A bookmark from the past

My dad loved books, but he hated bookmarks.

Even though the library included free ones in every book, Dad insisted upon “dog earing” pages. My mother would nag him about it, saying the books were the library’s property and they probably didn’t appreciate him returning books with creased page corners. But Dad continued to do it, and to be fair, I never heard him getting chewed out at the library about it. Certainly he wasn’t the only person who dog eared books.

bookmark

As I was going through some books and sorting them for donations, I came across one of those library bookmarks. The bookmarks served dual purposes: marking your place in the book and reminding you when the book was due.

The bookmarks, with the sketch of the Downey City Library at the bottom, are so ingrained in my memory, having checked out hundreds of books from the library during my childhood.

The due date on this one was Aug. 29, 1981. I would have just turned 6 the month before. It would’ve almost been time for school to start, as we started just after Labor Day. I would’ve been entering first grade.

What’s even more interesting is that I found the bookmark in an old, worn copy of East and West, a collection of short stories by Somerset Maugham. That book is from the New Orleans Public Library and had a due date of Sept. 2, 1959. (Dad lived for a brief period in the Big Easy.) The next time I visit I may return the book just to see the reaction of the librarian!

Sorting through Dad’s book collection was the ideal task to mark Father’s Day.

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Heat waves a hot topic when caring for older loved ones

fans

Photo by komgrit/Morguefile

Whether or not you believe in global warming, every year there are deadly heat waves across the U.S. Many of those who succumb to the heat are seniors. Some cities have annual initiatives to make sure low-income seniors have fans in their homes and some cities offer cooling centers, air-conditioned venues that are open during the day free of charge for people who want to escape the heat.

No one should die from the heat because they can’t afford a fan, air conditioning, or are afraid of running up their electricity bills on a fixed budget. But a HealthCentral article I read by Carol Bursack pointed out another reason that is not often discussed.

Bursack told a story about her mother-in-law, who turned off the air conditioning she had in her condo every day after Bursack would visit and turn it on to a low setting just to keep the air circulating. This was in the middle of a heat wave, and Bursack would discover every window shut, the A/C turned off and it would be sweltering inside. When she discovered her mother-in-law suffering serious disorientation symptoms from the heat, she knew her days of independent living were coming to an end.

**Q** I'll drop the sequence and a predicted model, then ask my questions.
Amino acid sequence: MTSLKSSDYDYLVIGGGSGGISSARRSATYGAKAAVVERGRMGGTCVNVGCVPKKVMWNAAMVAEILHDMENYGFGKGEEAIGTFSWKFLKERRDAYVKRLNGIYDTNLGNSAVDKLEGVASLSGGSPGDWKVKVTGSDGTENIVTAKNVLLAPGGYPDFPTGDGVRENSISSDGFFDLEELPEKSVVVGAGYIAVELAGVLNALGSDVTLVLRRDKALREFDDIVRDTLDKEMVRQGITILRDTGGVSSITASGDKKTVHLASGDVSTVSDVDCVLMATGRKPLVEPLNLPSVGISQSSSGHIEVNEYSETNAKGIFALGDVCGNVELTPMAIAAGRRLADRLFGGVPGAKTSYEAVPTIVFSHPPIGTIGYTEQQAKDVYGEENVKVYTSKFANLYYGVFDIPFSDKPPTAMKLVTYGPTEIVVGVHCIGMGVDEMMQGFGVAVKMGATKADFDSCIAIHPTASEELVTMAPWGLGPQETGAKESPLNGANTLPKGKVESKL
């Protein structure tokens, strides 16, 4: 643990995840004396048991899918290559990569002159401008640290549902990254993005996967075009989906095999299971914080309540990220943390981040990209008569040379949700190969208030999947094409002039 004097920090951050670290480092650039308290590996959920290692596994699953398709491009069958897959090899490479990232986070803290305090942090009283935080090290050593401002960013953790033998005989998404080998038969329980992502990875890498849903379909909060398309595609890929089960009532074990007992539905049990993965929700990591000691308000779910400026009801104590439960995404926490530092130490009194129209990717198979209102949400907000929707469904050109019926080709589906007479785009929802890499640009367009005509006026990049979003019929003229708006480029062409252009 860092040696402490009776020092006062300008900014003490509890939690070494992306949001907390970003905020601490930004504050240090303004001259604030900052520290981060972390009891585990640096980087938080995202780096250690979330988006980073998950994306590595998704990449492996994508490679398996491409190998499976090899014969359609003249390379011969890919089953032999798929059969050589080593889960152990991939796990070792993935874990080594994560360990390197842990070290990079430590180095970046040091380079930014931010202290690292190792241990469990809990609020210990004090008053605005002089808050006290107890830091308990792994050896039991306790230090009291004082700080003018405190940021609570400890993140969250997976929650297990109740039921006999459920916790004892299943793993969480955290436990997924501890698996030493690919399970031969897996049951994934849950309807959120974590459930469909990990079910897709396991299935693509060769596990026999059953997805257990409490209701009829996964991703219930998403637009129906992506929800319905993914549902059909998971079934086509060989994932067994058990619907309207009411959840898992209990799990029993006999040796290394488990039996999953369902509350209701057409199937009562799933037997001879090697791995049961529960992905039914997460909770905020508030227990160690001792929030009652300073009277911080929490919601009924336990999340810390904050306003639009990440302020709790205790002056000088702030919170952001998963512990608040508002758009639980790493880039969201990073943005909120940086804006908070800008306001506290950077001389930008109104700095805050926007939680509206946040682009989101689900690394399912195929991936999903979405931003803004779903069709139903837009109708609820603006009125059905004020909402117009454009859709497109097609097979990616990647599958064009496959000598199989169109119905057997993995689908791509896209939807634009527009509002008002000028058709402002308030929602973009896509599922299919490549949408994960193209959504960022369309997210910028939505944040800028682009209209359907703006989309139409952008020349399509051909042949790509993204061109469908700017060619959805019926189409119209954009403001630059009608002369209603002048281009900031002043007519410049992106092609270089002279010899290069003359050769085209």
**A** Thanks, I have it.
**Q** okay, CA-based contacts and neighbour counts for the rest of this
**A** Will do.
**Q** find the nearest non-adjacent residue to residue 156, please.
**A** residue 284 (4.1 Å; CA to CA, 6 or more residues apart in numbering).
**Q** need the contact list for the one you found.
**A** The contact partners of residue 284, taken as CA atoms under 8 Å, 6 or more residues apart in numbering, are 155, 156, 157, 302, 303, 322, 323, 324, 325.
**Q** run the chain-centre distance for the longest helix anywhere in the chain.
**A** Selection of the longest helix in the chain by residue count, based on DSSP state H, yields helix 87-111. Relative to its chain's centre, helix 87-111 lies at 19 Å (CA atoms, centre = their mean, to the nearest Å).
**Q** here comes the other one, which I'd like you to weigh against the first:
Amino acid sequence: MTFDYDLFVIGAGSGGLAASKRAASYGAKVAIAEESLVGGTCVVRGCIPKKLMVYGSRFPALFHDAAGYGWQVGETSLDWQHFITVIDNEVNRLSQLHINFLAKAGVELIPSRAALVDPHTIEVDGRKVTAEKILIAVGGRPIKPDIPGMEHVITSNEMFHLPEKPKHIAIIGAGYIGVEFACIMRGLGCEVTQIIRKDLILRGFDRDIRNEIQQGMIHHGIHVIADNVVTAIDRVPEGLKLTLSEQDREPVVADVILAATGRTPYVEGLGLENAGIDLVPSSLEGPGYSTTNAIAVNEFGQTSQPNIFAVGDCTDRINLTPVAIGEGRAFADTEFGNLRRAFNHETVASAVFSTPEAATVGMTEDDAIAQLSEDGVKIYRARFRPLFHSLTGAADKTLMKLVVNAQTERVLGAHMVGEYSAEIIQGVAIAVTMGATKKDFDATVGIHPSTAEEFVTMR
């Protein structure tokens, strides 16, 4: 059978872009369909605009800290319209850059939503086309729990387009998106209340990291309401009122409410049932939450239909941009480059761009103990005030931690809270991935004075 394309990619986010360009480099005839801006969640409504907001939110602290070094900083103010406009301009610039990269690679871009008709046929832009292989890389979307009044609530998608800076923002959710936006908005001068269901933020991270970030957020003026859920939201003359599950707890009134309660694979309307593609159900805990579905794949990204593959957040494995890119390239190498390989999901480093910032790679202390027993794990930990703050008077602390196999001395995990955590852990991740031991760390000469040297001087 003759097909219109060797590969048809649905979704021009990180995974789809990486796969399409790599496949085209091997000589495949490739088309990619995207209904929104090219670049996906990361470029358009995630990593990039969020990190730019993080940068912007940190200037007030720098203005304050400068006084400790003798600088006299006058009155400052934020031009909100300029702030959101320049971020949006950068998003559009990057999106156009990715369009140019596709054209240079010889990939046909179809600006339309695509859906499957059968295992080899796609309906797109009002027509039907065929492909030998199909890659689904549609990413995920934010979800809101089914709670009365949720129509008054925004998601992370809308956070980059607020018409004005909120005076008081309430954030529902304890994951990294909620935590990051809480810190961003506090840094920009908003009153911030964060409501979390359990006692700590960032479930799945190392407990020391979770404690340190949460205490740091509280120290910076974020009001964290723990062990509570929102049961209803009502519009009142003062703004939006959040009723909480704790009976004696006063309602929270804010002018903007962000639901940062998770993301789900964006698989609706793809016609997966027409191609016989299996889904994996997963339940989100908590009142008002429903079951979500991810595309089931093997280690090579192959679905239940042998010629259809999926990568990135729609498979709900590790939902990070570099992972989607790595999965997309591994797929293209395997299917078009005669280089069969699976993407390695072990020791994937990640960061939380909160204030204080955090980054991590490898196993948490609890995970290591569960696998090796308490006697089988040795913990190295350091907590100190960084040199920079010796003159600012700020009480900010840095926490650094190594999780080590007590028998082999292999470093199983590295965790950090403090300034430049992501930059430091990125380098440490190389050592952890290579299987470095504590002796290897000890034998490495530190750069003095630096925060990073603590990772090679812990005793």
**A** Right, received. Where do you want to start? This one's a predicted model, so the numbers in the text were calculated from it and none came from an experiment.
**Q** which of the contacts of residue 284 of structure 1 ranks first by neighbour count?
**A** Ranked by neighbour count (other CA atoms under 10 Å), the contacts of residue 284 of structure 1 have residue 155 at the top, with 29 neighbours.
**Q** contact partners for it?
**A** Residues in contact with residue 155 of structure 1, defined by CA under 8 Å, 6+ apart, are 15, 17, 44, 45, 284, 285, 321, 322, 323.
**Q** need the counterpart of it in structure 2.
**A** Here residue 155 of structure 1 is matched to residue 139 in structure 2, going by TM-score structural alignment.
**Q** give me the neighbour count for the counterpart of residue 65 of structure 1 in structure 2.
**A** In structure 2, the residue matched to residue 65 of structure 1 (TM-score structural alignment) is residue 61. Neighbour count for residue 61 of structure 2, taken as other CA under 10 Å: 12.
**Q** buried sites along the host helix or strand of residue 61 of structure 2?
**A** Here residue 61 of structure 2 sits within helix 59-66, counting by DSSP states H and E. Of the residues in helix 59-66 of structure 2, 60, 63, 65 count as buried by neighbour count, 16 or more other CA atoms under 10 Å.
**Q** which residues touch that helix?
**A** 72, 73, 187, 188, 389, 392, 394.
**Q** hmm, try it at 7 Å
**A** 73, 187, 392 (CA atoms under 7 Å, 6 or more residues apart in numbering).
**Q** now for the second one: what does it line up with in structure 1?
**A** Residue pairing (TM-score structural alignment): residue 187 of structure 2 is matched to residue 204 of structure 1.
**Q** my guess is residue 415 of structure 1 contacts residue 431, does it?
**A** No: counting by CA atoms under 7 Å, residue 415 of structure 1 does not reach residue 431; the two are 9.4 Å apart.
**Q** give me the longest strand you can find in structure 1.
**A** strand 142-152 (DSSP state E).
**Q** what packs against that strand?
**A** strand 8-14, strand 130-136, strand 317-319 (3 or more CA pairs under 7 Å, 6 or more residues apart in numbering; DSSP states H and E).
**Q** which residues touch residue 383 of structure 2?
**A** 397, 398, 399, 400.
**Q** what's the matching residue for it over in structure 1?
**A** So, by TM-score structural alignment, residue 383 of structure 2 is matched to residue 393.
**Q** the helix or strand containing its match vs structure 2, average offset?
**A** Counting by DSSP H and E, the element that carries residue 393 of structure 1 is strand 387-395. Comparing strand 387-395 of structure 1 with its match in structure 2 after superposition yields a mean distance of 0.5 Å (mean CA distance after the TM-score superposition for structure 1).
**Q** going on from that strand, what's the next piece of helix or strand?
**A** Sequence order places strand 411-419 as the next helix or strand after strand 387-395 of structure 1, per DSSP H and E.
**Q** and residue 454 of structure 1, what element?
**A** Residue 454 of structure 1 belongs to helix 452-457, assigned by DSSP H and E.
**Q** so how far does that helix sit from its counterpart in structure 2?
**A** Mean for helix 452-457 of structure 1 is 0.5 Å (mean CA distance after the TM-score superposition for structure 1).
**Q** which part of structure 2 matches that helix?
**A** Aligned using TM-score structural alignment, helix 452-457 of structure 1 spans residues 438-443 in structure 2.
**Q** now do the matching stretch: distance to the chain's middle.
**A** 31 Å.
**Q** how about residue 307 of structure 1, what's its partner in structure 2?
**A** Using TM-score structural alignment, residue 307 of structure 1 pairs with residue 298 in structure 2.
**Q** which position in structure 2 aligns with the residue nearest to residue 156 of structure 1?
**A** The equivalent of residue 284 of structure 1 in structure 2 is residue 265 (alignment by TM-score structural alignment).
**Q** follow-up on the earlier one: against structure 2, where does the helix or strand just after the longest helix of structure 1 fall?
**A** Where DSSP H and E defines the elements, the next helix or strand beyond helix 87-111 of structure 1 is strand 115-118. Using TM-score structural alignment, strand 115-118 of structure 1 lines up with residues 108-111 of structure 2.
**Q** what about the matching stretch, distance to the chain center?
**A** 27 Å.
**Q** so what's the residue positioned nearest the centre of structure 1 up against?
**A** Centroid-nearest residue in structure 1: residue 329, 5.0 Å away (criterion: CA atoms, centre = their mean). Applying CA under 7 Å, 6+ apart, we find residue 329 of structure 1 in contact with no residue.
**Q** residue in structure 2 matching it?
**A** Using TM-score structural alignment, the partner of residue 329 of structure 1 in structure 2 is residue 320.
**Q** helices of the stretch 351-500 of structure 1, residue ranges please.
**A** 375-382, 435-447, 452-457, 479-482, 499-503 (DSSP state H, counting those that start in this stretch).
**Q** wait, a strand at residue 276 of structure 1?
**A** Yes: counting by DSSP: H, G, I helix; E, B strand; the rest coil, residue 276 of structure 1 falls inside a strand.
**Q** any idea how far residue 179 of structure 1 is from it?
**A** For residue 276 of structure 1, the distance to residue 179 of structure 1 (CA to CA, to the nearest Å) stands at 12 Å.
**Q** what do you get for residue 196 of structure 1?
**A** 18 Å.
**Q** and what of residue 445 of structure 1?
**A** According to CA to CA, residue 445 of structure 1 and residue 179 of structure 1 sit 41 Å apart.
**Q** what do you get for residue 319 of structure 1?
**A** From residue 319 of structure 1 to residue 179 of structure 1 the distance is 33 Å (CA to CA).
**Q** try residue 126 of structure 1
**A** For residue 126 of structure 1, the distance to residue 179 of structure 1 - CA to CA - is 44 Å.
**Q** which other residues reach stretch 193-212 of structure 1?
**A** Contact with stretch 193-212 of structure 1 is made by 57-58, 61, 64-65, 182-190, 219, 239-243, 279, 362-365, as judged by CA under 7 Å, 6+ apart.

Bursack’s story reminded me of my mother. In her case, it was the heat during winter. My parents retired to a mountain town that usually receives a decent amount of snow and the temperatures often drop into the 20s and 30s overnight in the winter. Mom would insist on turning off the heat every night before going to bed, then getting up in the middle of the night, shivering, to turn it back on for a few minutes, then turning it off again until the morning. This was totally nuts to me. Mom thought she was saving energy (and perhaps Bursack’s mother thought the same thing) but keeping a home at a steady, moderate temperature is most efficient. So yes, by all means, turn down the heat when you will be bundled under the covers overnight, but don’t turn it off!

Mom also insisted, even on the most frigid of nights, in leaving the windows in the living room and bedrooms open a crack, because she thought she’d suffocate or die of carbon monoxide poisoning if she closed everything. Of course, this caused the furnace to have to work more and threw the whole energy-efficient argument out the window.

As a caregiver, I had to pick my battles. I never convinced Mom to close the windows, but by using a bit of reverse psychology, one night, she mentioned that it might be nice to just keep the heat on through the night, and I told her that was an excellent idea. From then on, she didn’t turn off the heat overnight.

The point here is that even if your elder loved one has access to fans or air conditioning, check to make sure they are actually using them. Whether they are just set in their ways or are beginning to develop dementia, we cannot take the use of such things for granted.

[Addendum: Just after I wrote this post, I went to stay at what was my parents’ condo for 2 weeks. The condo doesn’t have air conditioning, because it’s located in a mountain town where the average temperature this time of year is around 80. Not this year … it’s been in the 90s and hit 93 yesterday. I’m dealing with a summer cold on top of the heat, with only fans to offer relief, and it’s pretty miserable. I’ll be fine, but I’m 42. In 20-30 years, this situation might be more of a health risk.]

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Is dying at home best for everyone?

bed

Photo by Lillian Nelson/Freeimages

In recent years, a growing movement has embraced the concept of dying at home, versus a hospital or nursing home. In general, I support the idea, after my father had a difficult death in a skilled nursing facility while I was 1,300 miles away. But having experienced the challenges of being a primary caregiver for my mother, who died at home, I also understand just how traumatic such a death can be for family members. The latter is a viewpoint that is not often discussed.

Ann Brenoff, who covers aging topics for Huffington Post, interviewed me last week to discuss the potential consequences for the family caregiver when a loved one chooses to die at home. The article, When Loved Ones Die At Home, Family Caregivers Pay The Price, offers an important perspective on the subject. The article references my 2015 essay, Why dying at home is not all it’s cracked up to be. Brenoff discusses how financial concerns are behind the government’s desire for people to die at home. While it’s cheaper for people to die at home, caregivers pay the ultimate price.

In many cases, family caregivers shoulder the burden of care duties. Some have to quit their jobs or reduce work hours, impacting their financial status. Chronic stress can affect their own health. The emotional toll can be devastating.

To achieve a good death at home standard, we must offer greater support to family caregivers.

There are pros and cons to everything, including dying at home. The more we learn about each other’s caregiving experiences, the better informed we will be when we face a family health crisis or end-of-life care situation.